This past December we released the first preview of a new ASP.NET MVC Framework as part of the ASP.NET 3.5 Extensions CTP Release. I also wrote a number of blog posts that provide more detail on what the ASP.NET MVC framework is and how you can optionally use it:
- Introducing the ASP.NET MVC Framework
- ASP.NET MVC Tutorial (Part 1)
- ASP.NET MVC Tutorial (Part 2: Url Routing)
- ASP.NET MVC Tutorial (Part 3: Passing ViewData from Controllers to Views)
- ASP.NET MVC Tutorial (Part 4: Handling Form Edit and Post Scenarios)
We’ve had great feedback on the framework since then, and had a ton of downloads and excitement around it. One of the common questions people have asked me recently is "when will a new build be released and what will be in it?".
The below post provides a few updates on what the ASP.NET MVC feature team has been working on, and some of the new features that will be available soon. I’m going to do a separate blog post in the future that will cover the new ASP.NET Dynamic Data and ASP.NET AJAX feature work that is progressing along nicely as well.
All of these features (ASP.NET MVC, ASP.NET Dynamic Data, and the new ASP.NET AJAX improvements) will ship later this year and work with VS 2008 and .NET 3.5.
Upcoming ASP.NET MVC MIX Preview Release
We are planning to release the next public preview of ASP.NET MVC at the MIX 08 conference in a few weeks. This build will be available for anyone on the web to download (you do not need to attend MIX to get it). We have incorporated a lot of early adopter feedback into this release. Below are some of the improvements that will appear with this next preview release:
1) The ASP.NET MVC Framework can be deployed in the \bin directory of an app and work in partial trust
The first ASP.NET MVC preview release required a setup program to be run on machines in order for the System.Web.Mvc.dll assembly to be registered in the machine’s GAC (global assembly cache).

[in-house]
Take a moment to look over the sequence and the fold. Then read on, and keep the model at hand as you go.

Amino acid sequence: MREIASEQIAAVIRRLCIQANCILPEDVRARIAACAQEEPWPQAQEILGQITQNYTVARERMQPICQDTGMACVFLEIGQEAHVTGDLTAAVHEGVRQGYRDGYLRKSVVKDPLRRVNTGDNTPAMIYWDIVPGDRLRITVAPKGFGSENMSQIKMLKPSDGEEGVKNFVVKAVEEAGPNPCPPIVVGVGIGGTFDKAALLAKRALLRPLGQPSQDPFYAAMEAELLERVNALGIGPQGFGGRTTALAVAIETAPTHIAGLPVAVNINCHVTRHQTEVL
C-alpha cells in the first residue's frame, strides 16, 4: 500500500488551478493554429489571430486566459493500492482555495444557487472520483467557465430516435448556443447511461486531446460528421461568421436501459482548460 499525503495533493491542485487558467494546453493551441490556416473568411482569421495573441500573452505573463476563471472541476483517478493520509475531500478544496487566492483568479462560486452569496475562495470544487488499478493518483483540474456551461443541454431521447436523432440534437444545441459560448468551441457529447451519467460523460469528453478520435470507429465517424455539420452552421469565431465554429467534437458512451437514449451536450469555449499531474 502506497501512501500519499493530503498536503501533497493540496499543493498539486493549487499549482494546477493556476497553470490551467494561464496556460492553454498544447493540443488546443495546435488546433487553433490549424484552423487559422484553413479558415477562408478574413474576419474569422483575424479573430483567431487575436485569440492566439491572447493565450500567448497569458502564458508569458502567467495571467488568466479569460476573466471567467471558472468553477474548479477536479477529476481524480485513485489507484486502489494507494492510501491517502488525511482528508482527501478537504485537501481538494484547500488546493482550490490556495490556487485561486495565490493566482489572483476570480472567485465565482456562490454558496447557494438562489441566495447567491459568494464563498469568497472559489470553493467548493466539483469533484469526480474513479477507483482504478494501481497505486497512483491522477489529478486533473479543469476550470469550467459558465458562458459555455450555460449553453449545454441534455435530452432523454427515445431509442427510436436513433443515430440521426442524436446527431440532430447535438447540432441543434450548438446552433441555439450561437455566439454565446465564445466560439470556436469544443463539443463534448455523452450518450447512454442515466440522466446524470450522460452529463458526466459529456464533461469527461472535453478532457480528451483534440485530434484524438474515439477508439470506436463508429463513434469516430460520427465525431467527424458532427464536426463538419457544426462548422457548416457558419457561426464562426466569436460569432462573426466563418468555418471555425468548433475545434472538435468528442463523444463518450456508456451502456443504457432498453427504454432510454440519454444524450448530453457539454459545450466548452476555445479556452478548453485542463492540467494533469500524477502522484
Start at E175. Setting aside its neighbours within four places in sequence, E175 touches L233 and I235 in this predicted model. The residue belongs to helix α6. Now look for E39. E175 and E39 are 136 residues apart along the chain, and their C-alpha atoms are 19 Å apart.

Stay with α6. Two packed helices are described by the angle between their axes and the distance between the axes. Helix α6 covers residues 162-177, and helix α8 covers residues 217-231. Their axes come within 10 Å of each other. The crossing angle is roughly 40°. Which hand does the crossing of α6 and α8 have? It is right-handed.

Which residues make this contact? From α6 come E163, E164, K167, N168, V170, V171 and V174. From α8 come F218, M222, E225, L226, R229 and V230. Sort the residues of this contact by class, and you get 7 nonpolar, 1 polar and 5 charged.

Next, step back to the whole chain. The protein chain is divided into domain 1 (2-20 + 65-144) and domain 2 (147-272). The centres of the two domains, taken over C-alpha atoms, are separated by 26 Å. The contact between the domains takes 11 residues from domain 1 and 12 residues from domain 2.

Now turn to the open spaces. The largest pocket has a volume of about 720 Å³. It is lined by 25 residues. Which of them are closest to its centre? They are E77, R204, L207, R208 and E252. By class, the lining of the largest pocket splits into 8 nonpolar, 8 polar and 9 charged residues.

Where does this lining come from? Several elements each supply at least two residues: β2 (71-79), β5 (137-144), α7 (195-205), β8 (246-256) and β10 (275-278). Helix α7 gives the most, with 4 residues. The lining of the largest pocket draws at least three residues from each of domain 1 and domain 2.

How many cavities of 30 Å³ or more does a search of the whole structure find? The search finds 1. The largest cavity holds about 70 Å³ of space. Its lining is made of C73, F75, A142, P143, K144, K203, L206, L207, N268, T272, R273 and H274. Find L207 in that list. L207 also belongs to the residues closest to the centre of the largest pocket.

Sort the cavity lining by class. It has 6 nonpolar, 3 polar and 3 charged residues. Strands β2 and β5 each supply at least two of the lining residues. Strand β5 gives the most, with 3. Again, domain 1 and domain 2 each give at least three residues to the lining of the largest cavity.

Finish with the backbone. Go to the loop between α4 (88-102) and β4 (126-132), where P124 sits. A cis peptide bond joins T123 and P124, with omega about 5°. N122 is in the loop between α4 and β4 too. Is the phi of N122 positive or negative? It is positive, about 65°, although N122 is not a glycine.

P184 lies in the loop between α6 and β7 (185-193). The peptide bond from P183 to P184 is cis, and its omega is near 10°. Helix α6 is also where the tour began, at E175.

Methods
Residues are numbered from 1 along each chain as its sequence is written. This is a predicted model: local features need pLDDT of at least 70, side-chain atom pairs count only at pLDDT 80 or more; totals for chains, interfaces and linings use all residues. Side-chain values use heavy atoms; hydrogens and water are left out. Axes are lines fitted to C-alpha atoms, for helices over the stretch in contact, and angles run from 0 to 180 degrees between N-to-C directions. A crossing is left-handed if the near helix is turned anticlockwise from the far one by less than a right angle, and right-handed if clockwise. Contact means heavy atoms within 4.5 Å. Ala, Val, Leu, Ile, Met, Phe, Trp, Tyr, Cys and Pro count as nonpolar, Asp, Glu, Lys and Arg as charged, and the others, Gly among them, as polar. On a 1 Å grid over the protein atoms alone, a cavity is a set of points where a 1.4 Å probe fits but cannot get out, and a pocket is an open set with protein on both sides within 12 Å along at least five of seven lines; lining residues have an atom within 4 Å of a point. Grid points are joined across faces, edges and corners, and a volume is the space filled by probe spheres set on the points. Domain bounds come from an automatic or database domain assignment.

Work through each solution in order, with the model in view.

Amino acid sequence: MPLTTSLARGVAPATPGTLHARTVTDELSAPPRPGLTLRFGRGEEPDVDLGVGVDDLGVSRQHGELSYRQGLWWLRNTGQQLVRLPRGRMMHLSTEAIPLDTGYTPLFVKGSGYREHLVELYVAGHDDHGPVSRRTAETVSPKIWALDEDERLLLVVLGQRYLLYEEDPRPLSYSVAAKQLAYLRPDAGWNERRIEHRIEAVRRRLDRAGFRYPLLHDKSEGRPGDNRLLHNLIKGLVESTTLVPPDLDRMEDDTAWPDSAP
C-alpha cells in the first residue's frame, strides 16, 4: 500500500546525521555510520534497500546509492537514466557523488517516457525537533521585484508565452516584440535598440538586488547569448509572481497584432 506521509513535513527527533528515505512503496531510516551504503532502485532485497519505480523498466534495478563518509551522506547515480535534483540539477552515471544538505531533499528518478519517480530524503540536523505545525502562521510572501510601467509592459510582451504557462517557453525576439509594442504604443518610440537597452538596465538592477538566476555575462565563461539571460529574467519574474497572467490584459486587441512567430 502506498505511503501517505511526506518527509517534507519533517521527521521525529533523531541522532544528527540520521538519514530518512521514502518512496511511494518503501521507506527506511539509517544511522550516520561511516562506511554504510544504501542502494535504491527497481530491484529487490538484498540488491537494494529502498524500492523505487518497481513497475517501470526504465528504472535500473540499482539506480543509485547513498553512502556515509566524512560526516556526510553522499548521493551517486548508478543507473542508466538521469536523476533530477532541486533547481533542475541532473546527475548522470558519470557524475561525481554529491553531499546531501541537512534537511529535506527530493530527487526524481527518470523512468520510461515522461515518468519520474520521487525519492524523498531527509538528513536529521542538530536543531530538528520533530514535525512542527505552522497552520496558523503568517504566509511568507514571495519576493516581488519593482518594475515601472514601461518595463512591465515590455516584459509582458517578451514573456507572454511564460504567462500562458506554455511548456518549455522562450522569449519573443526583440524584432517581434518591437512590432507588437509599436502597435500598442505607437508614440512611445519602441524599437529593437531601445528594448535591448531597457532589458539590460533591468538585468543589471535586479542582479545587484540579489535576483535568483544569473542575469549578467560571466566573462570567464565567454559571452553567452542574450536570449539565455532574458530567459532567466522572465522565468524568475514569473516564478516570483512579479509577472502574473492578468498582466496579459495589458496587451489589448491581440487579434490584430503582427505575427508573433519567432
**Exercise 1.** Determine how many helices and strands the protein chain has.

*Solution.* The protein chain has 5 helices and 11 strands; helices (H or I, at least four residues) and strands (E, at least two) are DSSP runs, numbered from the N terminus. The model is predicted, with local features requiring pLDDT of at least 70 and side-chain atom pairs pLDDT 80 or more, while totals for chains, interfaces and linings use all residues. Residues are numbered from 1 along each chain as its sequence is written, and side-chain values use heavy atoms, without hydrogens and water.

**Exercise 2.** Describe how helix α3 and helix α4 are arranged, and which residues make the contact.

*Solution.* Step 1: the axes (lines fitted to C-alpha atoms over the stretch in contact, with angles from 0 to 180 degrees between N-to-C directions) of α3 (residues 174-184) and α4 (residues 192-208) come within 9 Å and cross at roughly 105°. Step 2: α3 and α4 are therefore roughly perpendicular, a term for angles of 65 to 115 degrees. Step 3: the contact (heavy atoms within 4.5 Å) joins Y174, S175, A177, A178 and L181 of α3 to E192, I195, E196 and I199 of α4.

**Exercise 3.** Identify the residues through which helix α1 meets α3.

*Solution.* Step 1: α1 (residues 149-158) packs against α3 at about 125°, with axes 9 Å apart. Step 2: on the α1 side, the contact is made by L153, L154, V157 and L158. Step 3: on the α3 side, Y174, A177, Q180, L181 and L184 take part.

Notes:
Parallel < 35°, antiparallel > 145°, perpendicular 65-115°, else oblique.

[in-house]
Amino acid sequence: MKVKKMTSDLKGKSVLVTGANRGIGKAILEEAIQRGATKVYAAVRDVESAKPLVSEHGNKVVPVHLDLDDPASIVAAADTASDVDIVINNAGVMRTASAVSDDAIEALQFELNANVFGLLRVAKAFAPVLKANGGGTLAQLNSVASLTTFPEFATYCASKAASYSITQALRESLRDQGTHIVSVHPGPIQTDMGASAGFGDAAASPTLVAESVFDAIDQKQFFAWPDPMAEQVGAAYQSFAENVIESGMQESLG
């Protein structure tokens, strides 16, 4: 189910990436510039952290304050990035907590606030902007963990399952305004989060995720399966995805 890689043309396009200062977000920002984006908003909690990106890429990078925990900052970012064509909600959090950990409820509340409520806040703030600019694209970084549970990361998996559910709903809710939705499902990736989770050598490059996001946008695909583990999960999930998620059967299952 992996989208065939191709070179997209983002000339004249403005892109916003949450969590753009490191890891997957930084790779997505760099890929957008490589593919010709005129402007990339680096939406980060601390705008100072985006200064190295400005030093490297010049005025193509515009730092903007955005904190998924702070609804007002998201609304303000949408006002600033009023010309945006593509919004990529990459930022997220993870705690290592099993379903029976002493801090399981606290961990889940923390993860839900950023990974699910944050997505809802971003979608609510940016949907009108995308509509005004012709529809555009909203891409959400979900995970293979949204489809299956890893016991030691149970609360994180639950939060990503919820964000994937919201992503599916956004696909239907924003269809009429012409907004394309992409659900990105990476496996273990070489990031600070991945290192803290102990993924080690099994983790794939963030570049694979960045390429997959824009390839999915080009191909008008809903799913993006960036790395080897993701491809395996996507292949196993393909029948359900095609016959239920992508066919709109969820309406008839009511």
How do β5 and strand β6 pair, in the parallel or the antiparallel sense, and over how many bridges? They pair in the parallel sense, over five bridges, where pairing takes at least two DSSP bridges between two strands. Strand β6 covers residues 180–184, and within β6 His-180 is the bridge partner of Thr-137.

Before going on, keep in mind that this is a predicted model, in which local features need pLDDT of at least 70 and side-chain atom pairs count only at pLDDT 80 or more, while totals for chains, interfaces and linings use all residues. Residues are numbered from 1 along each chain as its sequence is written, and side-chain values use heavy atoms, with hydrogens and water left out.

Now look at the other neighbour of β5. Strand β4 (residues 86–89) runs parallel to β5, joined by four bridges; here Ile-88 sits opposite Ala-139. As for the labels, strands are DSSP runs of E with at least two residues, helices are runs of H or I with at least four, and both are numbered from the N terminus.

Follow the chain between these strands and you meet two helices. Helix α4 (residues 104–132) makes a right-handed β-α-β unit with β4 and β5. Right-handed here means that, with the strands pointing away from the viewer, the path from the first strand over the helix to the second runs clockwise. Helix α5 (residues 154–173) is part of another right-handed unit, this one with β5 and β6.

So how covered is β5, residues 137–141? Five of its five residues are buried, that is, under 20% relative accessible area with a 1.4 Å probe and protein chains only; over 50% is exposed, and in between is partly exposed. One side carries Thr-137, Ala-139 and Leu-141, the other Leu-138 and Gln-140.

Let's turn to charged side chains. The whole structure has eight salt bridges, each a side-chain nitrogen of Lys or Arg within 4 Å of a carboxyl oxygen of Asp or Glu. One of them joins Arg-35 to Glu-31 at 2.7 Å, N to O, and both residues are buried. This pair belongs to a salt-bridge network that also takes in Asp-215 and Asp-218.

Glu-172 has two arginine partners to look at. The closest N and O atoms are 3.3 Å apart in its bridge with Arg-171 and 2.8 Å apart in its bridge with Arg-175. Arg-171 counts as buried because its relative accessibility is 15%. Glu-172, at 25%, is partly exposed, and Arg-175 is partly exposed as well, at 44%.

Starting with this upcoming preview release we will enable applications to instead directly reference the System.Web.Mvc.dll assembly from the application’s \bin directory. This means that no setup programs need to be run on a sever to use the ASP.NET MVC Framework – you can instead just copy your application onto a remote ASP.NET server and have it run (no registration or extra configuration steps required).
We are also doing work to enable the ASP.NET MVC framework to run in "partial/medium trust" hosting scenarios. This will enable you to use it with low-cost shared hosting accounts – without requiring the hosting provider to-do anything to enable it (just FTP your application up and and it will be good to run – they don’t need to install anything).
2) Significantly enhanced routing features and infrastructure
One of the most powerful features of the ASP.NET MVC framework is its URL routing engine (I covered some of these features here).
This upcoming ASP.NET MVC preview release contains even more URL routing features and enhancements. You can now use named routes (enabling explicit referencing of route rules), use flexible routing wildcard rules (enabling custom CMS based urls), and derive and declare custom route rules (enabling scenarios like REST resources mappings, etc).
We have also factored out the URL routing infrastructure from the rest of the MVC framework with this preview, which enables us to use it for other non-MVC features in ASP.NET (including ASP.NET Dynamic Data and ASP.NET Web Forms).
3) Improved VS 2008 Tool Support
The first ASP.NET MVC preview had only minimal VS 2008 support (basically just simple project template support).
This upcoming ASP.NET MVC preview release will ship with improved VS 2008 integration. This includes better project item templates, automatic project default settings, etc. We are also adding a built-in "Test Framework" wizard that will automatically run when you create a new ASP.NET MVC Project via the File->New Project dialog. This will enable you to easily name and wire-up a unit test project for your ASP.NET MVC application.
The ASP.NET MVC test framework wizard is pluggable and will enable custom unit test project templates to be added to its list of supported test options:
This will enable developers to easily choose whichever unit testing framework (and associated mocking and dependency injection options) they prefer to use.
4) [ControllerAction] Attribute No Longer Required on Controller Action Methods